Commands That Make Stuff Happen


Lessons You Should Know

Functions are a way to group commands together into chunks, so that code can be re-used. Here’s what we’ll be covering on this page:   You’ve probably already been using functions and you might not have known it. The sparki library is made up of a whole bunch of different functions. When Sparki sees a call to a function in its code it jumps to wherever that function is stored in the code, executes the function, and then jumps back to where it was inside the loop( ) code. This way you can use the function multiple times but you (or someone else) only had to write it once. Functions are kind of like robots- they sometimes take input (like a robot gets input from its sensors), sometimes create output (like a robot will beep or turn motors) and you can easily use them over and over again once the original function code has been written.

robot screen settings


Calling a Function

Using a function is referred to as “calling” a function. You call a function by typing its name, open and closed parentheses, then a semicolon like so: This is the most basic way to use a function, but many functions are more complicated than that. There are also functions that take data in as an input parameter. Giving a function an input parameter is called “passing” information. You would use this function along with an input parameter like so: Or if it had three inputs: You can pass as many pieces of data as you like to a function, as long as the function was written to accept all of the pieces of information. We’ll learn about how to write functions in a little bit. If we continue to think of the function like a robot you can think of calling the function as physically calling the robot on a phone. You can either ask the robot to come to wherever you are located to do the work it is preprogrammed to do, or you can give it some information over the phone that it can use when it does the work for you.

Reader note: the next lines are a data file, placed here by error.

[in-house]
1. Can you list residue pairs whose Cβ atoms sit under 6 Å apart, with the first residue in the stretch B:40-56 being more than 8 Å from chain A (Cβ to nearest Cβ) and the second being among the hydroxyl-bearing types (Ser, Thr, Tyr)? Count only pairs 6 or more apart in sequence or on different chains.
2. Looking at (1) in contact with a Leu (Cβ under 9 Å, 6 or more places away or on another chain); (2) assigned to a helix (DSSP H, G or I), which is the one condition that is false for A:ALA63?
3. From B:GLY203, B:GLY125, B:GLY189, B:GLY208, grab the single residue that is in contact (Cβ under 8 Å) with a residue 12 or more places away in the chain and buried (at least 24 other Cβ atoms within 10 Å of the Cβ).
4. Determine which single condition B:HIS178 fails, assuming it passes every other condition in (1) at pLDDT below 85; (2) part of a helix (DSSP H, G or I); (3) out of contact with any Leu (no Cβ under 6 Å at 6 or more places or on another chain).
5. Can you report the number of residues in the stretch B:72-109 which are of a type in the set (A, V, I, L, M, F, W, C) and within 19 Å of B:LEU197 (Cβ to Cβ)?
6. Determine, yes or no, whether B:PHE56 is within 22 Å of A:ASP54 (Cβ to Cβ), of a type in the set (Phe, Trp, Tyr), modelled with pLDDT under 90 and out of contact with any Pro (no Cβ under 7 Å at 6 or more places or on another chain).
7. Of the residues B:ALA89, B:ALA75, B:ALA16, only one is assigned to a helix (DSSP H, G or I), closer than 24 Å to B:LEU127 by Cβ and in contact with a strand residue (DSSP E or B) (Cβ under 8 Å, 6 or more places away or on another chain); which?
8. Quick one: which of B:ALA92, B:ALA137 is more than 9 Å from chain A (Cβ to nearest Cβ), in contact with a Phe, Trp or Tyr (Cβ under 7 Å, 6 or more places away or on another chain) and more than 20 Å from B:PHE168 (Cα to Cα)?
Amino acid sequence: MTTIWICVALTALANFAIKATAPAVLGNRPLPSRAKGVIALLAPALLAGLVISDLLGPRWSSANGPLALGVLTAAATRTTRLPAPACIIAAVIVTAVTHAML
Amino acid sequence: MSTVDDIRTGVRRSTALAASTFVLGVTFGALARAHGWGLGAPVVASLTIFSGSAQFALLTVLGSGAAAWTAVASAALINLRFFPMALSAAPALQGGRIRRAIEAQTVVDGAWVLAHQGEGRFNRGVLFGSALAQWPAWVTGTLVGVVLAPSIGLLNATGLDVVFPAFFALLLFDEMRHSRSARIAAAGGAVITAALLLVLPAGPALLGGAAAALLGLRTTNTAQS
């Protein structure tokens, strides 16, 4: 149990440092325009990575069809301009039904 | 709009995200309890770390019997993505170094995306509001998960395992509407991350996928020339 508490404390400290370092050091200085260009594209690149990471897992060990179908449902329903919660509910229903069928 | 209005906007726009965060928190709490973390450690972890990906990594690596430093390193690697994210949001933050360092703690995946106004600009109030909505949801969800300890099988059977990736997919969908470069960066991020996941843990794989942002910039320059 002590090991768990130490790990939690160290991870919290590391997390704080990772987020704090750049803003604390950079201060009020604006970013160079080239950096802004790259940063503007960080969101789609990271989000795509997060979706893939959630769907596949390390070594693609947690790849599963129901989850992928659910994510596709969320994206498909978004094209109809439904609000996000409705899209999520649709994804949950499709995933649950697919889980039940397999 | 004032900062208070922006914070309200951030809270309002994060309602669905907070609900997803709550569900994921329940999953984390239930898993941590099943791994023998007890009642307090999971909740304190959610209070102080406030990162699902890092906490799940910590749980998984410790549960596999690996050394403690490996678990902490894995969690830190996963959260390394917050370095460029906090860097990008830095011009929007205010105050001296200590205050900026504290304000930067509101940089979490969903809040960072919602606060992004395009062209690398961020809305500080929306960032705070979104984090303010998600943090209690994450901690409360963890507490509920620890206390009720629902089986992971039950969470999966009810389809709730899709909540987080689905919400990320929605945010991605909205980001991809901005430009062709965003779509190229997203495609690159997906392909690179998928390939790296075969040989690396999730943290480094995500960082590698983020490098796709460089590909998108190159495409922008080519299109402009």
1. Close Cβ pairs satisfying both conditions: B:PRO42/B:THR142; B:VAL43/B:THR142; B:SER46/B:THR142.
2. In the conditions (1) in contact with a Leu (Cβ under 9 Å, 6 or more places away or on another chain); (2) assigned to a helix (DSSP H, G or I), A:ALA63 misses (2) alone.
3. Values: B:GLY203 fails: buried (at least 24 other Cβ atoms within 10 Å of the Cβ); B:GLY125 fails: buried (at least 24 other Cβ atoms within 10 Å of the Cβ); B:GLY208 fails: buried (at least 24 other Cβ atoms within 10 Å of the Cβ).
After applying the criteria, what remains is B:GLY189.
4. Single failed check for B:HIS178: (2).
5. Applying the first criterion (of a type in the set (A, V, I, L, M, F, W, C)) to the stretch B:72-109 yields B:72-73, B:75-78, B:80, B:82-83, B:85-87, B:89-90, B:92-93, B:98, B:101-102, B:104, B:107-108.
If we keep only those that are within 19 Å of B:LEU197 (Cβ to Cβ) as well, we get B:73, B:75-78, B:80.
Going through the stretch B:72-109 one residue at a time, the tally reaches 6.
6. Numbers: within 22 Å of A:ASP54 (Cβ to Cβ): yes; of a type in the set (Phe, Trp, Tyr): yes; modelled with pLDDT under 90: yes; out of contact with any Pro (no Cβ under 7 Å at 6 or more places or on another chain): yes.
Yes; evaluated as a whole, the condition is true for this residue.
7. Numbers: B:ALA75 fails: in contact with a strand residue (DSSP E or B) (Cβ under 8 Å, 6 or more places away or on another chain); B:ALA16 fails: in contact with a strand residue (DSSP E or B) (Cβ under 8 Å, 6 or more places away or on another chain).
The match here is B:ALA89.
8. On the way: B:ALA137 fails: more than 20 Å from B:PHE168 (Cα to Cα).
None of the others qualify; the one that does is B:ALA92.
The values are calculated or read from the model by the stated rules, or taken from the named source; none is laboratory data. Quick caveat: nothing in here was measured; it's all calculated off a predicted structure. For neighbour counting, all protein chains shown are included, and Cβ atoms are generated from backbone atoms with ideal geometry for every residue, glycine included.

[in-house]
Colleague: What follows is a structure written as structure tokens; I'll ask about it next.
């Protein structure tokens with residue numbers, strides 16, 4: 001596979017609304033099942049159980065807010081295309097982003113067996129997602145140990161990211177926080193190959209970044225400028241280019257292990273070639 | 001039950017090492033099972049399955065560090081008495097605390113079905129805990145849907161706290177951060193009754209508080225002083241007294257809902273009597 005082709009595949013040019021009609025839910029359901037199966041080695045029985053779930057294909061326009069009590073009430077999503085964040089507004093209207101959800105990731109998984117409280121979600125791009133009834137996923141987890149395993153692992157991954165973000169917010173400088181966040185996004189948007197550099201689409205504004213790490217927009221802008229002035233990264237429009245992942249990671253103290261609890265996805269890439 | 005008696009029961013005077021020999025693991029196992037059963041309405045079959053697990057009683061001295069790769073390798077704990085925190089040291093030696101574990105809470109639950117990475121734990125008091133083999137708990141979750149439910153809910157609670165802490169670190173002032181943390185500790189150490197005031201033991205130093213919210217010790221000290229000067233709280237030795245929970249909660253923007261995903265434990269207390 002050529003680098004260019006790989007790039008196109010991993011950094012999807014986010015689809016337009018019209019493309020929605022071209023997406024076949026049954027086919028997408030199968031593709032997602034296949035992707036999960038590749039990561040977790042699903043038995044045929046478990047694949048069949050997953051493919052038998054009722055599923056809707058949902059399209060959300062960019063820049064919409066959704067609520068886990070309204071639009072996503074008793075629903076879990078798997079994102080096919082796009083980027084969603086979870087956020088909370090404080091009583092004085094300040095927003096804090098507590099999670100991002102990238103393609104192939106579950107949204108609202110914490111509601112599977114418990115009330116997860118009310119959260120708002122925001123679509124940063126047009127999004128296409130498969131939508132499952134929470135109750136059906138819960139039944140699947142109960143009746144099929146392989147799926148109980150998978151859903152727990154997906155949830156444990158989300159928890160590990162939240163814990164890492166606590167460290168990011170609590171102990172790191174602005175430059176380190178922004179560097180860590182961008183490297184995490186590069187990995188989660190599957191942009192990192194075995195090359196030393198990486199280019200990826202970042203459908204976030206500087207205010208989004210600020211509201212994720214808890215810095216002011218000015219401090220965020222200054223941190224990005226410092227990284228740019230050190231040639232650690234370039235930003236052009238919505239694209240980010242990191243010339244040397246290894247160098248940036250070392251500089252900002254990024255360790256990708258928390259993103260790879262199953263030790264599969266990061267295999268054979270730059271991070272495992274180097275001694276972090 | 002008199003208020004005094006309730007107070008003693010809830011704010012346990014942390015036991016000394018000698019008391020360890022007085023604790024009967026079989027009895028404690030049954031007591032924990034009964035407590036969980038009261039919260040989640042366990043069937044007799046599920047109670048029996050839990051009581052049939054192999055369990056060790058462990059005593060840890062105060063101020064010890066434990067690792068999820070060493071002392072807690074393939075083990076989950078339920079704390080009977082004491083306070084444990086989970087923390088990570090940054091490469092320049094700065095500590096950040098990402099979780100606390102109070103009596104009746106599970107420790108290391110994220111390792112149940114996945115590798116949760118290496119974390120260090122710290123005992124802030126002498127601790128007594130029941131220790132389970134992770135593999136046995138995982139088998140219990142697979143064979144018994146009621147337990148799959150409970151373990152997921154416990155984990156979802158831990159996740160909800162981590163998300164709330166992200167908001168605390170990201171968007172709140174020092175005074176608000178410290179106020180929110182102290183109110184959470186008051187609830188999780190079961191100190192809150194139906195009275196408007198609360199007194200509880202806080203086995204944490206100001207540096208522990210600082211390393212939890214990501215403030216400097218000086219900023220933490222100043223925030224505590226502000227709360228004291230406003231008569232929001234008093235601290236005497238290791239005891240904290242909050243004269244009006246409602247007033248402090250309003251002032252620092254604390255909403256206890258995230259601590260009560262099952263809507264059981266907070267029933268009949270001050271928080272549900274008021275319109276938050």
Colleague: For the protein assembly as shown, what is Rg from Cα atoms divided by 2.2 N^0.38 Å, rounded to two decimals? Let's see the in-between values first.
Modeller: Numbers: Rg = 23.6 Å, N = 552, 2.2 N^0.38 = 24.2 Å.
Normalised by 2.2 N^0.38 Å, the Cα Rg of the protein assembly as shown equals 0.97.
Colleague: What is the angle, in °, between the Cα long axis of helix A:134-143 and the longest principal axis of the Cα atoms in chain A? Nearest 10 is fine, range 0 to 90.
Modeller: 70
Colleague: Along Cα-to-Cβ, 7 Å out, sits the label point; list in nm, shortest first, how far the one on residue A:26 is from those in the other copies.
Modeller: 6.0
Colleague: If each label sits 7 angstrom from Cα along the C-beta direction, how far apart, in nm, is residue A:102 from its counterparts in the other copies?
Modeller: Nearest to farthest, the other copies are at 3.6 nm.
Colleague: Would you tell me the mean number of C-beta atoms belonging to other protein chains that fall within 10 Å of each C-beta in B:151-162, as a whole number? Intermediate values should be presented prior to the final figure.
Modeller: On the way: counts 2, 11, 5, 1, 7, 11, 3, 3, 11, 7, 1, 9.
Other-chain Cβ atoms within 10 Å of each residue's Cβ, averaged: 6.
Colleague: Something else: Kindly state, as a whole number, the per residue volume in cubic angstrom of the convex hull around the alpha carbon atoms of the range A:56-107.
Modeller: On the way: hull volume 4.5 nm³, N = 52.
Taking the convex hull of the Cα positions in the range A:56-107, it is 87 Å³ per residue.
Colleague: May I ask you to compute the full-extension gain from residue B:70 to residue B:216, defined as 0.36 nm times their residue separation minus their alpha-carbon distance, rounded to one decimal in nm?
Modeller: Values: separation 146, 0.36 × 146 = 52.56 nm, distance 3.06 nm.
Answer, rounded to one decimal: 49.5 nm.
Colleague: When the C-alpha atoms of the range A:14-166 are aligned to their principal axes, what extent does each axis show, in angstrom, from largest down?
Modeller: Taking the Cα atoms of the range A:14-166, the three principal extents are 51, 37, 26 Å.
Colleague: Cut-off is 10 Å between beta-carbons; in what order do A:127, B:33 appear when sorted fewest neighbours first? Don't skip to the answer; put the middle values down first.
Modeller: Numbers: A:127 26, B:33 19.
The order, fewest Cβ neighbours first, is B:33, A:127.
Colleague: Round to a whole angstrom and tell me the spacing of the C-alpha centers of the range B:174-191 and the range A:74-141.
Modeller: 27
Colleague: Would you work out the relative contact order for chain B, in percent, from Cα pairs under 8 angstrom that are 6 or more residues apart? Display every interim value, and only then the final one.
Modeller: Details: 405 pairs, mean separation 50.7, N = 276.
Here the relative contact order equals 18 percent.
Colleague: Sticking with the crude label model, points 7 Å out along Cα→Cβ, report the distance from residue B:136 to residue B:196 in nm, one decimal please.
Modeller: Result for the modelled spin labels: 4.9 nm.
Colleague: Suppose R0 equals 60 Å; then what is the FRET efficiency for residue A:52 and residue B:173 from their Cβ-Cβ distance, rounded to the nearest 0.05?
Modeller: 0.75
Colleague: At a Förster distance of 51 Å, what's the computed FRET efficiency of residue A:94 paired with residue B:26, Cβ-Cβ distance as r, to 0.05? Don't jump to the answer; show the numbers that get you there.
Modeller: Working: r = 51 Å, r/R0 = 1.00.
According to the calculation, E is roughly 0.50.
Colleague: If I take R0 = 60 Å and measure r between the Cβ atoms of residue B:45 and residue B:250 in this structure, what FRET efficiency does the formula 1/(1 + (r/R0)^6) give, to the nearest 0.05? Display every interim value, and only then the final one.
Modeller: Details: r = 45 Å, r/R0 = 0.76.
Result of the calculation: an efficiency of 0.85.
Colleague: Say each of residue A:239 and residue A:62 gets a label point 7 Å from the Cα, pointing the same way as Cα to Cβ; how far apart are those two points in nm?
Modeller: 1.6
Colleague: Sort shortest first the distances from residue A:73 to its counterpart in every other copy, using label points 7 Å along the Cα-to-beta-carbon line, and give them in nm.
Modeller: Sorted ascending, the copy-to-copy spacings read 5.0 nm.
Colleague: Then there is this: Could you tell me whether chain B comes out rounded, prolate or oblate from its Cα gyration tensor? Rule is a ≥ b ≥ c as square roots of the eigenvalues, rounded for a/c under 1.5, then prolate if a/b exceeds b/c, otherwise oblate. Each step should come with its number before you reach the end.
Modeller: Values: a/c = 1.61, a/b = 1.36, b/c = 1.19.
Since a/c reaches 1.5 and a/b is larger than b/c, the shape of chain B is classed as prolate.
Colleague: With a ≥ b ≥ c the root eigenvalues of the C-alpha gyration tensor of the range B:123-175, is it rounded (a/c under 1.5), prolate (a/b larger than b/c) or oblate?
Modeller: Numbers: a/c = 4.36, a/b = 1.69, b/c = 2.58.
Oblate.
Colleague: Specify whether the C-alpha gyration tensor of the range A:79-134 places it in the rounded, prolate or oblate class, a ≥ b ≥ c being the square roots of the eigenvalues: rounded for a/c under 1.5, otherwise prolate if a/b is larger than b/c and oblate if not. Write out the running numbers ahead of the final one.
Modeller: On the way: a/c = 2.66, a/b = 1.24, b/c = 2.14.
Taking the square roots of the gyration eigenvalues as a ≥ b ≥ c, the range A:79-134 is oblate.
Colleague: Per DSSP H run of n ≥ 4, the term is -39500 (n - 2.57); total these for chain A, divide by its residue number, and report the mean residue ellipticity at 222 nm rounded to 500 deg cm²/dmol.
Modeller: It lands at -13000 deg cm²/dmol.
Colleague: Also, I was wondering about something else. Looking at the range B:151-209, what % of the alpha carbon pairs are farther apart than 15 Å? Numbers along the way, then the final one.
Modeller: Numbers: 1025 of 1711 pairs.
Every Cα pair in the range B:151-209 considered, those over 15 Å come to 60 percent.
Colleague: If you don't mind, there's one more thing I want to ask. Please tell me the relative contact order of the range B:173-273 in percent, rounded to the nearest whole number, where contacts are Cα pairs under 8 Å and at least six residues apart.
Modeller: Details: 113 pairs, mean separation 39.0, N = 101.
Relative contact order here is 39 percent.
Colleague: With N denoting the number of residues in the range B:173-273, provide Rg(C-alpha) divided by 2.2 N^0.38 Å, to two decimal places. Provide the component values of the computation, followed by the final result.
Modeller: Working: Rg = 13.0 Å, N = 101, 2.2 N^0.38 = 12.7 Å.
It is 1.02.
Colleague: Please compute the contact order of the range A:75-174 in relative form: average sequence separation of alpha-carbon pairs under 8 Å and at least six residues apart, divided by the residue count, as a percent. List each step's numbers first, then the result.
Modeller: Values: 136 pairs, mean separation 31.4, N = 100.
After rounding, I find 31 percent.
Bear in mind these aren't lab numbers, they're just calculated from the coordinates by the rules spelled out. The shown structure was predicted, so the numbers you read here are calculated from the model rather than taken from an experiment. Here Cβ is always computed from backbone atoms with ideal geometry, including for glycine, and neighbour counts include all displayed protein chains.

call Function2


Returning Data

Somer functions can also give back, or return data. You can think of this as if our robotic function leaves a note with some information on it once the robot is done performing its tasks. One thing you have to be sure of is that the type of variable you are storing the return information in (in this case returnValue) matches the information that the function is spitting out. Here is an example of a function that returns an integer- Once this code is run the variable returnValue has the value returned by the functionName function.  

Writing a Function

Writing a function is pretty easy. Once you write out a function it is called a function definition and you can call it from anywhere in the code that contains the function. You’ll just need to get comfortable with the beginning of a function, which always looks more or less the same. This part of the function is called the function “header.” It has a bunch of different parts of you can see below- functionsDiagram You can create your own function using the following format: